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Hales: Portlanders should tolerate more homeless camping


PORTLAND TRIBUNE FILE PHOTO - More homeless people are predicted to be camping in Portland as the city and its partners work to build more affordable housing.Mayor Charlie Hales says more homeless people will be sleeping on sidewalks, unpaved streets, unused city properties and private parking lots in the future.

The increased camping will happen as Portland and its partners work to fund more shelters, transitional programs and affordable housing projects that are intended to reduce the number of homeless in coming years. The increase may include 20 to 25 semi-permanent camp sites throughout town.

"We want to live in a beautiful, livable city with a high quality of life, but we have a lot of people that are on the streets and need help," Hales said at the end of a City Council work session Monday afternoon primarily on new homeless camping policies.

No public testimony was allowed at the work session, which was taken up mostly by a presentation by Hales' chief of staff, Josh Alpert, on the new camping policies.

Some neighborhood association leaders have expressed alarm in recent months over the apparent increase in the number of homeless campers on city properties, especially in North Portland where two city-sanctioned camps have spring up in the Overlook Neighborhood. Residents near the Springwater Trail in Southeast Portland also expressed concern at a Thursday community meeting about the increase in homeless camping along the popular commuting and recreation corridor.

Alpert admitted the city has not done enough outreach to neighbors and promise that would improve in the future. Regardless of the response, however, he said most routine homeless sweeps have stopped and outlined the following four locations where small groups of campers are now being allowed between 9 p.m. and 7 a.m.:

• City sidewalks, except for those marked for high pedestrian traffic, providers the campers do not pitch tents or fully block them.

• Unused city rights of way and other "remnant" properties, where tents can be be pitched.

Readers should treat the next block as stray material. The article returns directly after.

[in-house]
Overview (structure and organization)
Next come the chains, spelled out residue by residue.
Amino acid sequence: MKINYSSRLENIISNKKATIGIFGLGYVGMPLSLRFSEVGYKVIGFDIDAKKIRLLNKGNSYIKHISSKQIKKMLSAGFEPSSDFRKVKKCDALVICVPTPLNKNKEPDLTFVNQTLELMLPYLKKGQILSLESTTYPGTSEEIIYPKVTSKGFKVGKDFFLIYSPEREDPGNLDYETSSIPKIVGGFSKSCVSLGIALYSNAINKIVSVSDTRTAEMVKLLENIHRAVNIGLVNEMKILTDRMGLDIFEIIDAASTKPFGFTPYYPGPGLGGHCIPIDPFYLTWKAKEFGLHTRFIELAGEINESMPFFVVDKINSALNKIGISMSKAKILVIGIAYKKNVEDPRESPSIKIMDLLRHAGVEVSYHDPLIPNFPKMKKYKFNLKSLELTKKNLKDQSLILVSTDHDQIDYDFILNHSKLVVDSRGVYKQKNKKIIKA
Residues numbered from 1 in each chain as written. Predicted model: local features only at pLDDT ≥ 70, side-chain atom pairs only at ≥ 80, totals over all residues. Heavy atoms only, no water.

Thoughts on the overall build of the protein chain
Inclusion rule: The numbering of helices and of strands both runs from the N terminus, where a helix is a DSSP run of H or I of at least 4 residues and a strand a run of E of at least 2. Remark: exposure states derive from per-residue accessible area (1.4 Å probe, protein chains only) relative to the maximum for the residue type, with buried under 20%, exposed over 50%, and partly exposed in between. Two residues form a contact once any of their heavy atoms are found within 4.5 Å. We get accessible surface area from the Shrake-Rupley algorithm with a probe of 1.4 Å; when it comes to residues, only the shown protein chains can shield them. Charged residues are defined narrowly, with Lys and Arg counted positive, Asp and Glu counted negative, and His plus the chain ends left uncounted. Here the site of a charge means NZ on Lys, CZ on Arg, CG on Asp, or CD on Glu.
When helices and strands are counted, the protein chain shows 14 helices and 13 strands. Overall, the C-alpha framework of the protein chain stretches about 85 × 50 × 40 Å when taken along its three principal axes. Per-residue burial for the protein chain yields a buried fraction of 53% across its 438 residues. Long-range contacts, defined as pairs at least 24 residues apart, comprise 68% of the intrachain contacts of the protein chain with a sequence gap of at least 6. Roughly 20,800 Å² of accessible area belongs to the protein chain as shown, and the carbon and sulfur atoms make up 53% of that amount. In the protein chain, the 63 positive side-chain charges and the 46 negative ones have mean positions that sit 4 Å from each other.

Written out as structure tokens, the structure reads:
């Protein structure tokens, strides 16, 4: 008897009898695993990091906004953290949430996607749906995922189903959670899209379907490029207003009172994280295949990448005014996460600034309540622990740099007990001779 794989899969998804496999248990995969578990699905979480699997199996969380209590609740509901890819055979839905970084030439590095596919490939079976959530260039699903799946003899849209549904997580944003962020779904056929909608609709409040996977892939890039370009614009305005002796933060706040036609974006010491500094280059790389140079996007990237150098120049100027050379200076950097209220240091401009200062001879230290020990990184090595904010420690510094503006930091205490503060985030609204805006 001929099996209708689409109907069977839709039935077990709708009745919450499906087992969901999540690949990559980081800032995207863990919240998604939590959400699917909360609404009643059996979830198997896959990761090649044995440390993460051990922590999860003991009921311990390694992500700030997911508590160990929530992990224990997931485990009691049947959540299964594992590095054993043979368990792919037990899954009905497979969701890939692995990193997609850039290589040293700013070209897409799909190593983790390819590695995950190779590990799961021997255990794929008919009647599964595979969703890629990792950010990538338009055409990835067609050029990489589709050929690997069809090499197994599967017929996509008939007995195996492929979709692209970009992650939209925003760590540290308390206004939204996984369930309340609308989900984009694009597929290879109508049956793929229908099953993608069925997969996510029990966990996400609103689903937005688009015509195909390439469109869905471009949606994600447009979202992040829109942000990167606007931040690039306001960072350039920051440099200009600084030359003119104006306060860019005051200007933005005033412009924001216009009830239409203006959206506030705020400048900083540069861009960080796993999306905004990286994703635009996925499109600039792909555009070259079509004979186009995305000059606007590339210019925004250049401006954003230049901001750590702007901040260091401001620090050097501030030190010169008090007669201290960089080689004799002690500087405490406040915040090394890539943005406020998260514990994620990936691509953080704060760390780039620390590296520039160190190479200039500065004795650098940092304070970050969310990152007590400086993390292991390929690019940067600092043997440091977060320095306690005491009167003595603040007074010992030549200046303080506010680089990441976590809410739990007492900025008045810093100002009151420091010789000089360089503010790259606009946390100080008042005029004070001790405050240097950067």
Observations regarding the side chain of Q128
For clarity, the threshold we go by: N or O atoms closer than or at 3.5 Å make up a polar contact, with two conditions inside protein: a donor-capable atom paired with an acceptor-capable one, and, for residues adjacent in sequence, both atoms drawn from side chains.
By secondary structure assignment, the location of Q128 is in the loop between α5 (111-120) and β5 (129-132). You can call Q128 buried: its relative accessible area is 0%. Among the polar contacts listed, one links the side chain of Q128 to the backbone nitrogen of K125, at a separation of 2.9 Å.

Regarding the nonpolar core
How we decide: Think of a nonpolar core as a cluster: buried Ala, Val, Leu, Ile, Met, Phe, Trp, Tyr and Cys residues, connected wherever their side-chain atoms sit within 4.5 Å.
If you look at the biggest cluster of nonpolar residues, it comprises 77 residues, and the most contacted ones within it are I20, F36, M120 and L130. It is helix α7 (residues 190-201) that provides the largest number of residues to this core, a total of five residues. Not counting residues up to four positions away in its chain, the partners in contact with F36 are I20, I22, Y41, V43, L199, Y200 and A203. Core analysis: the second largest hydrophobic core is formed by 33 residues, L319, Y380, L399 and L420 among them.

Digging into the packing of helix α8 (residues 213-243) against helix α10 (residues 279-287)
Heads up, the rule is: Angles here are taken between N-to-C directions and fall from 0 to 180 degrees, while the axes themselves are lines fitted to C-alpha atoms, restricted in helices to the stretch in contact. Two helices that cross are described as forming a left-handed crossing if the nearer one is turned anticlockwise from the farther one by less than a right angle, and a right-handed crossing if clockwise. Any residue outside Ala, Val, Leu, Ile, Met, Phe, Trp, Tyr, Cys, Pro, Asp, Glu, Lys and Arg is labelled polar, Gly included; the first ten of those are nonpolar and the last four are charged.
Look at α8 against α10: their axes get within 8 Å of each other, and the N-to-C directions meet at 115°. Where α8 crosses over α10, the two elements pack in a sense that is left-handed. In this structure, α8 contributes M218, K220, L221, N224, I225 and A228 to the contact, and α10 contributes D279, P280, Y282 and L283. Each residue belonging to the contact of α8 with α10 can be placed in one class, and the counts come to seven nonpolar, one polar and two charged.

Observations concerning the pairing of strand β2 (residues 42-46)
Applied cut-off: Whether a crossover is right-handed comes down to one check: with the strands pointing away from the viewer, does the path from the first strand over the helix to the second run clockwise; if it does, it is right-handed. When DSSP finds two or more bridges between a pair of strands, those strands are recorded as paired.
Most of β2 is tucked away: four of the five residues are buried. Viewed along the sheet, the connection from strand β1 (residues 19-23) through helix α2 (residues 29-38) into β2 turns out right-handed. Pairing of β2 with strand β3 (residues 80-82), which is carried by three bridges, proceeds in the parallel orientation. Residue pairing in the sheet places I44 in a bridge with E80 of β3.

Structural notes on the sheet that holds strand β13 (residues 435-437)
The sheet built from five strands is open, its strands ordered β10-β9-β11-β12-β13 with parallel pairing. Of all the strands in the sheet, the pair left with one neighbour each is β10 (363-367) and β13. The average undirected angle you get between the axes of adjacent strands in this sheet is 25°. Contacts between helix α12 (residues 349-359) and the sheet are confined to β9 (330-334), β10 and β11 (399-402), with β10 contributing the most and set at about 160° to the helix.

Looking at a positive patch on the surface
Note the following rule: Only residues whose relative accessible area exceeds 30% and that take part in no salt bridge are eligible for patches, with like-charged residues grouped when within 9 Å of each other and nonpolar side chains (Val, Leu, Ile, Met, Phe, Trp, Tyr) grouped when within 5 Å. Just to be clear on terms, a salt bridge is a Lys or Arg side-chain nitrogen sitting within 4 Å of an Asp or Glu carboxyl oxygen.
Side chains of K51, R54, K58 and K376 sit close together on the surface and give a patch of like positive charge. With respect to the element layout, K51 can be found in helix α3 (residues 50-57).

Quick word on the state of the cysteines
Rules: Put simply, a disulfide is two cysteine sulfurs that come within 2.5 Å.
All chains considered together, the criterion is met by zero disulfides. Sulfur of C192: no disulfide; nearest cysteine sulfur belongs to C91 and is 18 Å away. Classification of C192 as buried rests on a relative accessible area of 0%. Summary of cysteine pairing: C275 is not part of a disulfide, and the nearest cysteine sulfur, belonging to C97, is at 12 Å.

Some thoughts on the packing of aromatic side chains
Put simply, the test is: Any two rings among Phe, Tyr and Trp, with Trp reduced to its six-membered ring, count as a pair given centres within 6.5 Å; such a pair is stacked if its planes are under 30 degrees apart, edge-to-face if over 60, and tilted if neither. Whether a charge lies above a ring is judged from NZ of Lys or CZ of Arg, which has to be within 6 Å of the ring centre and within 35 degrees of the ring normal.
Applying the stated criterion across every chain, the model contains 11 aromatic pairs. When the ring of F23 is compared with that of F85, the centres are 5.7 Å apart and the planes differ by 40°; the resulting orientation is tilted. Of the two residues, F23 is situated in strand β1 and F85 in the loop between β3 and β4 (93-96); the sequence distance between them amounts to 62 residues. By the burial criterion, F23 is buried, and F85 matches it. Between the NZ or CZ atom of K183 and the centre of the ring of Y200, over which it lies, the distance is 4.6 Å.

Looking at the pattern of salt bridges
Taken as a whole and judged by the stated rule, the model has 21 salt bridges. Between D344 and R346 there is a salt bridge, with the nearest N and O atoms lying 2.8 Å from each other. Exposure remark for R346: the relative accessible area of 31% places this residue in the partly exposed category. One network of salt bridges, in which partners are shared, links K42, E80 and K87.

• Parking lots owned by churches and other nonprofit organizations that agree to allow people to sleep in vehicles.

In addition, Alpert said the city is working on finalizing a process for allowing "structured organized camping" on properties overseen by nonprofit organizations with experience serving the homeless. Such camps must follow guidelines that include codes of conduct and noise restrictions. Structures may eventually including small "pods" designed to survive catastrophes, such as the large earthquake expected to strike the Portland area in coming years.

Alpert said neighborhood associations are being asked to help identify locations where such camps can be established. The city would provide water, sanitation, garbage and storage services to help reduce conflicts with surrounding residents, Alpert said.

Although it was not explored in detail during the work session, an example of such a "structured" camp is the Right 2 Dream Too homeless camp in Old Town, which is operated by a nonprofit organization. The council is scheduled to consider relocating the camp from its current location at Northwest 4th Avenue and Burnside Street to a city-owned parcel at Southeast Third Avenue and Harrison Street on Feb. 18.

Alpert was joined at various parts of his presentation by staff members from other public agencies and nonprofit organizations that supported the homeless camping properties. No neighborhood representatives or any other members of the public were invited to speak.

A few hours before the work session, the Overlook Neighborhood Association (OKNA) released a statement saying the chairs of the boards of other neighborhood associations in North Portland protested the city's handling of its decision to allow two homeless camps along North Greeley and North interstate. The statement said the chairs criticized the city for the lack of public process on the apparent homeless camping policy changes.

“Residents of the Overlook Neighborhood appreciate the support of our fellow North Portlanders,” OKNA’s Chair Dannielle Herman said. “Portland faces a homelessness crisis. All neighborhoods must demand a serious strategy from the City that has been lacking so far.”

You can read the statement here.

The council is scheduled to receive a presentation on other efforts to address the homeless and housing affordable at 9:30 a.m. next Tuesday. The Feb. 16 work session will include an update by the Portland Housing Bureau on the plan developed by the city, Gresham, Multnomah County and Home Forward (the former Housing Authority of Portland) to create more shelters, transitional programs and affordable housing projects.

Hales has pledged to include $20 million towards the effort in the next city budget, and Multnomah County Chair Deborah Kafoury has promised to find $10 more.